Many people who read about the iPhone will grumble, “but it’s supposed to be a phone!” They’re right, of course, but it’s more than that: it’s a fully-fledged communications device. The phone is great: the newest model is capable (at last) of most of the modern functions: voice dialling, the assignment of photos to your contacts (who all look lovely at full size on the 3.5 inch screen), silent ring mode, call divert and MMS. For the more text-oriented user, there’s a clever interface for text messaging which works in much the same way as the text functions of Apple’s iChat programme on a larger device. Receive and reply to regular SMS text messages, and the iPhone automatically sorts and displays them according to sender, with a separate “thread” (or discussion) for each one. By showing messages in this way, the befuddled texter can more easily trace back through a conversation and keep up with who said what to whom. This may be excessive for some users, but even as someone who rarely sends text messages, I can appreciate being able to keep a conversation to hand.
As with sending a text message, sending email is a piece of cake using the touchscreen keyboard. Although it can be fiddly if you’re not used to it, with much mis-typing, the keyboard does become familiar after a while. The main hindrance to oddly-spelled words is the slightly erratic automatic spell checker; while intelligent in several languages, it seems to want to re-spell quite a few words I use regularly. Some apps are also lacking, in as far as their not taking advantage of the automatic orientation feature. In short, when you hold the device vertically and turn it through 90° to landscape orientation, the default action is to turn the interface to follow: enabling the individual keyboard keys to be wider and easier to use. The apps which don’t make use of this feature – Twitter programme Tweetdeck amongst many others – mean that the user still has to rotate the phone back to vertical for a while. A small concession, though, for such a vast range of possible uses.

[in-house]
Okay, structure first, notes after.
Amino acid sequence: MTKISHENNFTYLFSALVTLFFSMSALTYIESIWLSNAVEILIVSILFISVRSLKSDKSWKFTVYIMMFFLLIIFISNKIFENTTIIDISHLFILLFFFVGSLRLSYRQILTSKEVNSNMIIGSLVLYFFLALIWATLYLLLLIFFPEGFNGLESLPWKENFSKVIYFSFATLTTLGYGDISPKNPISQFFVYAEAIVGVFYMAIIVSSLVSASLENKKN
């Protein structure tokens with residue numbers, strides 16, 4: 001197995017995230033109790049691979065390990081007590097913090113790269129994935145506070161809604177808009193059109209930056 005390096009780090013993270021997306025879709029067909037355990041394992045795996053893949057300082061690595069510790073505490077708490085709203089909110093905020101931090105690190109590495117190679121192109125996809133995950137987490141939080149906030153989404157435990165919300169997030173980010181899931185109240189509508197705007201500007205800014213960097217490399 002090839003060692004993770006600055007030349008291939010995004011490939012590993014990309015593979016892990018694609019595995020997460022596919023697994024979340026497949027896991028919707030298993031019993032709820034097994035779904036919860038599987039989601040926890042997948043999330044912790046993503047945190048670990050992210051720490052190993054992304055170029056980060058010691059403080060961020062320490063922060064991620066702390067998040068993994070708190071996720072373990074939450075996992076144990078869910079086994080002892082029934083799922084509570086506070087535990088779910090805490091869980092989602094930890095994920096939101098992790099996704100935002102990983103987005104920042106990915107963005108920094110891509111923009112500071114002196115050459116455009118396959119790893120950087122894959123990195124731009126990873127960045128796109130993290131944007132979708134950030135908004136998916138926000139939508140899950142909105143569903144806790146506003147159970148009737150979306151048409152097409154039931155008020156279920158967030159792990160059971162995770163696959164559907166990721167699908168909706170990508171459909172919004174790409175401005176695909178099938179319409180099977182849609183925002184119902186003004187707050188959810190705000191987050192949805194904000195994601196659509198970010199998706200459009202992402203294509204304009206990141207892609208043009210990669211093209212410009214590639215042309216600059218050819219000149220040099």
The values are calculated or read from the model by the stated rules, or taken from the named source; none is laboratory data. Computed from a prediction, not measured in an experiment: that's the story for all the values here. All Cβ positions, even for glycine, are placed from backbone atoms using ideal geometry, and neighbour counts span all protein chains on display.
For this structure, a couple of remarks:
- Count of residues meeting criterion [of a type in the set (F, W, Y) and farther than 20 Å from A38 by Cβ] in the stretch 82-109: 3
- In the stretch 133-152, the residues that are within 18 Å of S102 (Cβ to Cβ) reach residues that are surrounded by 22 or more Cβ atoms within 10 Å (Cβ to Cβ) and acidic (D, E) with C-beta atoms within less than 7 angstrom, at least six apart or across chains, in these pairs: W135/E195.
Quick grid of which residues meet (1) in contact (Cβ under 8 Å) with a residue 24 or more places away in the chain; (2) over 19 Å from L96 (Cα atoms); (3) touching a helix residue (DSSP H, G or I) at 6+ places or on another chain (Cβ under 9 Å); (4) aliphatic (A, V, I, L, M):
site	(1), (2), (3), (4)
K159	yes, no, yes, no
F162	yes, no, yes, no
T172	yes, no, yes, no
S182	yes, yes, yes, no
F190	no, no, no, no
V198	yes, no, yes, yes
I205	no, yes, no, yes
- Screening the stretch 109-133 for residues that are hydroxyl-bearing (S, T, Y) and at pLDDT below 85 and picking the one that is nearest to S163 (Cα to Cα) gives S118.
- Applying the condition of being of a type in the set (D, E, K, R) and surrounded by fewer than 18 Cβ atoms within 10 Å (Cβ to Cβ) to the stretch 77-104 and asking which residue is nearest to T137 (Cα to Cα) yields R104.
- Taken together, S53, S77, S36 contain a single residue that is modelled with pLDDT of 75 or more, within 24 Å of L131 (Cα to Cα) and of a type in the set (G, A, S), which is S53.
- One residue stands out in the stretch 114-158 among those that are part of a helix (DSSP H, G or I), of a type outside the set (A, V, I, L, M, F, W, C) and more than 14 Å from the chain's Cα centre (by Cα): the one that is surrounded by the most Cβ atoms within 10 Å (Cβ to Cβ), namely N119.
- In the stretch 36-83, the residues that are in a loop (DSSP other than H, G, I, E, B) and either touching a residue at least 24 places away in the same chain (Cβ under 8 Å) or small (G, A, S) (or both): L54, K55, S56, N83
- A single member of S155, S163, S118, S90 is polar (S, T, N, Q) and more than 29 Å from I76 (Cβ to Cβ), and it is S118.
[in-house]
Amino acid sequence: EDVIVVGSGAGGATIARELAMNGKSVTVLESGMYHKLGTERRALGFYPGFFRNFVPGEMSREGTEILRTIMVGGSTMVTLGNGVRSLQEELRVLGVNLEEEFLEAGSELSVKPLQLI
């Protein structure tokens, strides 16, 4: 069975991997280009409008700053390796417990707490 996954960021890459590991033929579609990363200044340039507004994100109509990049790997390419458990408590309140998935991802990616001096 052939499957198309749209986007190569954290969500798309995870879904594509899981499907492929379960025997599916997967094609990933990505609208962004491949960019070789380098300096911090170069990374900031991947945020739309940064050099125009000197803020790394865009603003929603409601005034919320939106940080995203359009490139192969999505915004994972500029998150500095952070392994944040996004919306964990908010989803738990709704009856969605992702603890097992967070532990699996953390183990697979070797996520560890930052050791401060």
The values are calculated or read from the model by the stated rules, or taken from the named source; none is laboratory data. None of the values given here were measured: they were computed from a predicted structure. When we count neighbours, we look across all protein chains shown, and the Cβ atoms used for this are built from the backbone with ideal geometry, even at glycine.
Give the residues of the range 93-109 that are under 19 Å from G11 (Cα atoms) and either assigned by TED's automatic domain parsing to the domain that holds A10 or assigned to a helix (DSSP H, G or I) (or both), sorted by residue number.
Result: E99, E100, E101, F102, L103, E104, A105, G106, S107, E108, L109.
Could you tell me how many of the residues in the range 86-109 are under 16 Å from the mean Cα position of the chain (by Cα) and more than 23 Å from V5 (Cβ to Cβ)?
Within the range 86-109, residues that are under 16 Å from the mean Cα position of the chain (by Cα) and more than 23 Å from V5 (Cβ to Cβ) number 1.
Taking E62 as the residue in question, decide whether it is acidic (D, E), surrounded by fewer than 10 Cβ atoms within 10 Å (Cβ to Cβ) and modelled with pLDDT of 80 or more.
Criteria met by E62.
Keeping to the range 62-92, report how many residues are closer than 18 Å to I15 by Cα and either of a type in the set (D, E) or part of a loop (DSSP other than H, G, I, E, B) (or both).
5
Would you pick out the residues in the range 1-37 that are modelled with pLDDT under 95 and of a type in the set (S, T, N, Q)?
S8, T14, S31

Apps for everything
All of the apps which are available for the iPhone are pre-approved by Apple, the makers of the device. While a little restrictive for the app programmer, this restriction allows the end user to rest assured that the programmes they’re installing – often through a one-click command – are safe. There is a wealth of apps available, for all tastes and requirements. There are games available, which again take advantage of the built-in gyroscope and act on the movements of the phone; three dimensional maps; dating and DIY tools from mainstream suppliers like Stanley. Great advances in the hardware and software are even making detailed satellite navigation systems for the iPhone a reality; not just when travelling by car, but also going one step further to allow pedestrians to get where they want to be.
Multimedia on the move
The last section in this marathon of iPhone bloggery details the multimedia capabilities of the device. Alongside all of the other possibilities, the iPhone owner has a music and video player to hand, as the iPhone runs the massively popular iPod software. From MP3 music to podcasts and from music videos to TV shows and films, downloaded from the iTunes Store or elsewhere, the sizeable internal hard drive (16 Gb in my case) allows you to have a large repository of entertainment to hand. By purchasing a separate accessory cable – also compatible with the iPod I used until recently – I can even plug my iPhone into a regular television and watch the downloaded films or videos at full resolution. While I’m travelling around by train, I can catch up on recent episodes of my favourite t.v. shows on the small, but totally watchable, iPhone screen.
A Doctor Who cliffhanger on my iPhone: smaller but just as watchable as on T.V. at home.
Last, but not least, a final main reason for my choosing Apple’s phone was that it is so in synch with my Apple computers at home. The iPhone runs Apple’s operating system, of course, making it less prone to viruses or attack than “smart phones” by other manufacturers. Synchronizing my data between iPhone and Mac is a piece of cake, with iTunes handing automatic synchrinization of everything from podcasts to agenda entries and contacts. All of the contact information I have at home is immediately available on my iPhone. The aforementioned voice control software allows me to simply say “call (name)” and the phone rings. Ask the iPhone for the name of the current music track and it tells you. Sure, voice recognition software has been available for a long time, but in a device which provides you with a t.v., music player, internet access (with automatic Wifi activation), photo and video camera and Skype access? For a one-off fee of just Fr. 129, when I extended my existing mobile phone contract?
There are few offers around at the moment which beat the Apple iPhone. What you get for your money is a computer, DVD player, sat. nav device, radio, phone and hard drive all in one. And it fits in your pocket.
Fanboy speech over. :-)